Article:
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The Cultural Grey Zone of My Indian-Americanness

If you were to ask my Mumbai cousins how they would describe me, they would say, “She’s American.” If you ask my cousins in LA, they would say, “She’s Indian.”

I’m Desi AND American.

I am both yet none.

For children of immigrants, we can feel like we don’t belong to any culture because we aren’t entirely of one culture. I grew up in Oklahoma City, a place where India sounds like it is on another planet. In order to fit in, we ate at McDonald’s and followed Sooners football. I watched MTV and flipped through teen magazines. On the weekends though, endless socializing with other Indian families, where the parents spoke Marathi, noshed on sabudana kichdi and traded tips on assimilating in America. This is where my parents learned about the importance of piano lessons and the SATs. On the weekends, my parents recreated their Indian lives with their friend-based family. By Monday, we were back to being another way, wearing Keds and eating peanut butter sandwiches.

Straddling those two cultures puts me and my next generation peers into a cultural grey zone. Not dark enough. Too dark. Not Desi enough. Too American. Too much or not enough of X, depending what group I rolling with.  This is my identity. The in-between-cultures identity.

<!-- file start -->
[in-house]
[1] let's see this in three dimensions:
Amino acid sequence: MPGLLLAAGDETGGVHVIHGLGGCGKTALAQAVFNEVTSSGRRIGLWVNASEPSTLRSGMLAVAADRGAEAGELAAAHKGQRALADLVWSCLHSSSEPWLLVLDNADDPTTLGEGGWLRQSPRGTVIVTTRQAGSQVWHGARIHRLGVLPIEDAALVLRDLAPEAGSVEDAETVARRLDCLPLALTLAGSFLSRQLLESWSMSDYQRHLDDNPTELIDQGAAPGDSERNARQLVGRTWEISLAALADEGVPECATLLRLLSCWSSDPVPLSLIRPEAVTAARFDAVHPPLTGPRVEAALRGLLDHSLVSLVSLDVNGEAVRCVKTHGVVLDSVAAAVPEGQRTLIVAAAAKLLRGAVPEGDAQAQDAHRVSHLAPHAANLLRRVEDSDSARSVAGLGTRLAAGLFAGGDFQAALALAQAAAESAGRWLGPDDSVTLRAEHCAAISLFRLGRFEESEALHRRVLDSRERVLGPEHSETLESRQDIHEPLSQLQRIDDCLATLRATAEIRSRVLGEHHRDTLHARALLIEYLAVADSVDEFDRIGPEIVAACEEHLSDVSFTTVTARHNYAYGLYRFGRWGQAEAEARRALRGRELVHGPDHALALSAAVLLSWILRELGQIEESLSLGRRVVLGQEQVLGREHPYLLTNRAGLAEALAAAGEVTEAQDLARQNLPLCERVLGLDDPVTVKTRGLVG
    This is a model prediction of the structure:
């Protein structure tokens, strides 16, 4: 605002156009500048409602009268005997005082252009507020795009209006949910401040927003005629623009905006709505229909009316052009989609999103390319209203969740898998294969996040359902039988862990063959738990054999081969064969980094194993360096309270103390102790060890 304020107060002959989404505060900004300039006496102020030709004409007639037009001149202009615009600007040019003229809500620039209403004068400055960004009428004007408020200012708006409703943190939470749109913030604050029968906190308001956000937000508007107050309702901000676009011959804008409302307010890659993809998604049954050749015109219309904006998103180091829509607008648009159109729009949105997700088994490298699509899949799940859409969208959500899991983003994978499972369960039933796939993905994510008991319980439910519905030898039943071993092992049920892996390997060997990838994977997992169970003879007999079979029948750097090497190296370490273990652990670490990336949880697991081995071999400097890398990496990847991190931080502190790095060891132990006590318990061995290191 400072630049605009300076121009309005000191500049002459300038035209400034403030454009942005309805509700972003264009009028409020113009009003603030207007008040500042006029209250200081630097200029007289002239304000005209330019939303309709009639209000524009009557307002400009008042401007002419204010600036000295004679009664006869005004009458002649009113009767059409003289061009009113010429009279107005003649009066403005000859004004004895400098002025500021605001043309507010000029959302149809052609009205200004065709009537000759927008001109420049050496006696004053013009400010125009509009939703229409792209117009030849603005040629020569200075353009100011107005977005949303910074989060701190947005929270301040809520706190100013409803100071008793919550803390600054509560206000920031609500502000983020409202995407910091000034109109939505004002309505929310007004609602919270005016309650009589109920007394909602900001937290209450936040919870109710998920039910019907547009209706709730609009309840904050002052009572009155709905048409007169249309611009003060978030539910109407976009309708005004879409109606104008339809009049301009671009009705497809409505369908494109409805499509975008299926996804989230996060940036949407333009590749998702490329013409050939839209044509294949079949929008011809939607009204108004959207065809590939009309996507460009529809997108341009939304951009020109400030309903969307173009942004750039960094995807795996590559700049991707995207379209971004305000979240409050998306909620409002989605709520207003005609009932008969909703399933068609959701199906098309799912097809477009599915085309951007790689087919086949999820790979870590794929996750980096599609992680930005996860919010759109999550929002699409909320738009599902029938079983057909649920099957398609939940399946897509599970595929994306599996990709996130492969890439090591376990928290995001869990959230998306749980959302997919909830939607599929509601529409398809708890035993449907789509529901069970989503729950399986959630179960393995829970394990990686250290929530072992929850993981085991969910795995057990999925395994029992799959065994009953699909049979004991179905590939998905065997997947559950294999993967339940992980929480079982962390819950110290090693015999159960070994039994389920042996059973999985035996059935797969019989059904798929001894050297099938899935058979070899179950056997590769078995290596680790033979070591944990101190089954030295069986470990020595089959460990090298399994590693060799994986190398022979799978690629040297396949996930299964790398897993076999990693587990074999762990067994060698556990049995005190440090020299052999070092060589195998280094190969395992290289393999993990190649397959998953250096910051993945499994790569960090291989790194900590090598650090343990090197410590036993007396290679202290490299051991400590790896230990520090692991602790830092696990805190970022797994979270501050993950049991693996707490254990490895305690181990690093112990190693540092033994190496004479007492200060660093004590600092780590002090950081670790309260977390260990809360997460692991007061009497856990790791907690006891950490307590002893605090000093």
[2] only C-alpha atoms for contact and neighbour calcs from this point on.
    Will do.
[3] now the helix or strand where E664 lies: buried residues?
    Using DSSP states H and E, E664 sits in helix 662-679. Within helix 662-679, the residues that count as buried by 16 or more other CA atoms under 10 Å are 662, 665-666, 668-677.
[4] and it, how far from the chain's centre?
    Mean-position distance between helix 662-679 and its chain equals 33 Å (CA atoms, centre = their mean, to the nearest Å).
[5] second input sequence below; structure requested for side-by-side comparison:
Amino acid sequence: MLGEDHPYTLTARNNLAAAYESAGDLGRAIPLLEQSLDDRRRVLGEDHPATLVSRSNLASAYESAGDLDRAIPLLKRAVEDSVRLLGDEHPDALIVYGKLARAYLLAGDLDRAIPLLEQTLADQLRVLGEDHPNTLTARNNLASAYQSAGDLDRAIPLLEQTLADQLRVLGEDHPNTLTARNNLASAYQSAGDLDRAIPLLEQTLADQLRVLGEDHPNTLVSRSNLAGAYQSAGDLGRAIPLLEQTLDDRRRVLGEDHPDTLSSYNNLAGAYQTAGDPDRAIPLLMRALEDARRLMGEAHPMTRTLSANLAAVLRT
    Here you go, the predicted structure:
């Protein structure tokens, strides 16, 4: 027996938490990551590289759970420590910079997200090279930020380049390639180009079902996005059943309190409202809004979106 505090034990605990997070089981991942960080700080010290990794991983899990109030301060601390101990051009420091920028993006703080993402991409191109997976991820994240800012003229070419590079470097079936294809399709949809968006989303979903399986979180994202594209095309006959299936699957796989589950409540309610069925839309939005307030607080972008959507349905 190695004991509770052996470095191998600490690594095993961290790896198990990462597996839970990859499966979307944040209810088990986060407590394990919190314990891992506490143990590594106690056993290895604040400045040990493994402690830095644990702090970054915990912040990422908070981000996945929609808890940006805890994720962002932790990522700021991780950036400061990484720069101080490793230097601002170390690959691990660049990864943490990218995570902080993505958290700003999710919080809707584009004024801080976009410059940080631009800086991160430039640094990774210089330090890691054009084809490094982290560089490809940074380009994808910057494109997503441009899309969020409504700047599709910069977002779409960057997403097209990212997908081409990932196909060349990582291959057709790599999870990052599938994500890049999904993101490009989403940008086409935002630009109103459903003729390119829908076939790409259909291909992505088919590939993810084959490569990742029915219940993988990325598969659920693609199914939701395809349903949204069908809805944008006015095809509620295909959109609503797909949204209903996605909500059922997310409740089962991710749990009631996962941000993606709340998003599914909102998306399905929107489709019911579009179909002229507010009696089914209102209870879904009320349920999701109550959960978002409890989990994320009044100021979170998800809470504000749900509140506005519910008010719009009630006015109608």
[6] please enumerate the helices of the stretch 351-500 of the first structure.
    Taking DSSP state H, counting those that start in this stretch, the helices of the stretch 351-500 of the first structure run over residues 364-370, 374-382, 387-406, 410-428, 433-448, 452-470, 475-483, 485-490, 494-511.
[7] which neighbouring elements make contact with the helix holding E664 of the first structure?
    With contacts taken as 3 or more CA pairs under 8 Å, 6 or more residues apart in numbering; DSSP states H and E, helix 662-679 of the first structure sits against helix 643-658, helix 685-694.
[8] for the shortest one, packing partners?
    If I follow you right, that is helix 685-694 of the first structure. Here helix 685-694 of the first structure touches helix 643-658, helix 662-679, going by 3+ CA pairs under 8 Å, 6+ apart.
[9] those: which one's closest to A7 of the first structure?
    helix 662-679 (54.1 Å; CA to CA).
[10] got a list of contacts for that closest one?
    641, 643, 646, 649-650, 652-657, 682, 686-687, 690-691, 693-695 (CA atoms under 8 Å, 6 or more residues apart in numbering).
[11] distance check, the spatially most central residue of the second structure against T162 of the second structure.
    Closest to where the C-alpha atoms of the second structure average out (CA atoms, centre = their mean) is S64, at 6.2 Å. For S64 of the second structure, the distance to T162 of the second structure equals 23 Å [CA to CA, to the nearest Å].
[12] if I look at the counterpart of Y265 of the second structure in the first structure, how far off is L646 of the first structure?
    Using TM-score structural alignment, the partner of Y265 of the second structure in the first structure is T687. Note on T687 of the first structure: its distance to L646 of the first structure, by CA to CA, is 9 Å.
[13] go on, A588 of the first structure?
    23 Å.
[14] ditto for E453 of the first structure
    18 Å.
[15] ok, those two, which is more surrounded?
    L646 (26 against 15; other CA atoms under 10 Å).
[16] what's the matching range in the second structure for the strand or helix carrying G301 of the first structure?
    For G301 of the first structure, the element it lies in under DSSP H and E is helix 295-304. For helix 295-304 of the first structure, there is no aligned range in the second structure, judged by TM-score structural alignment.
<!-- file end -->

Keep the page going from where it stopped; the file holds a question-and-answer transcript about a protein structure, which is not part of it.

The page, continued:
So which box do I check when I am asked to do so? More importantly, what does the box-checking do and who does it serve?

The current vibe of the world and the #blm movement are teaching me to reexamine what I am doing and why I am thinking what I do. Part of it includes this whole ’not enoughness’ we impose on our own brothers and sisters and those of all races. Enough of the #fairandlovely brainwashing and #logkyakahenge mentality. 

I listen to hip hop in my car and sleep to Bhimsen Joshi bhajans. My kids eat sushi for lunch and varan bhaat for dinner. We celebrate Halloween and Diwali often around the same time. 

We can be whatever we want. It is time to embrace all parts of who we are. 

We don’t belong in boxes, neither do our bindis. Be proud of all parts of you. Now is the time.

Is it time for us Desis to be a part of the change – not just for ourselves but for other races? What parts of our culture need an overhaul.

Share your thoughts below.

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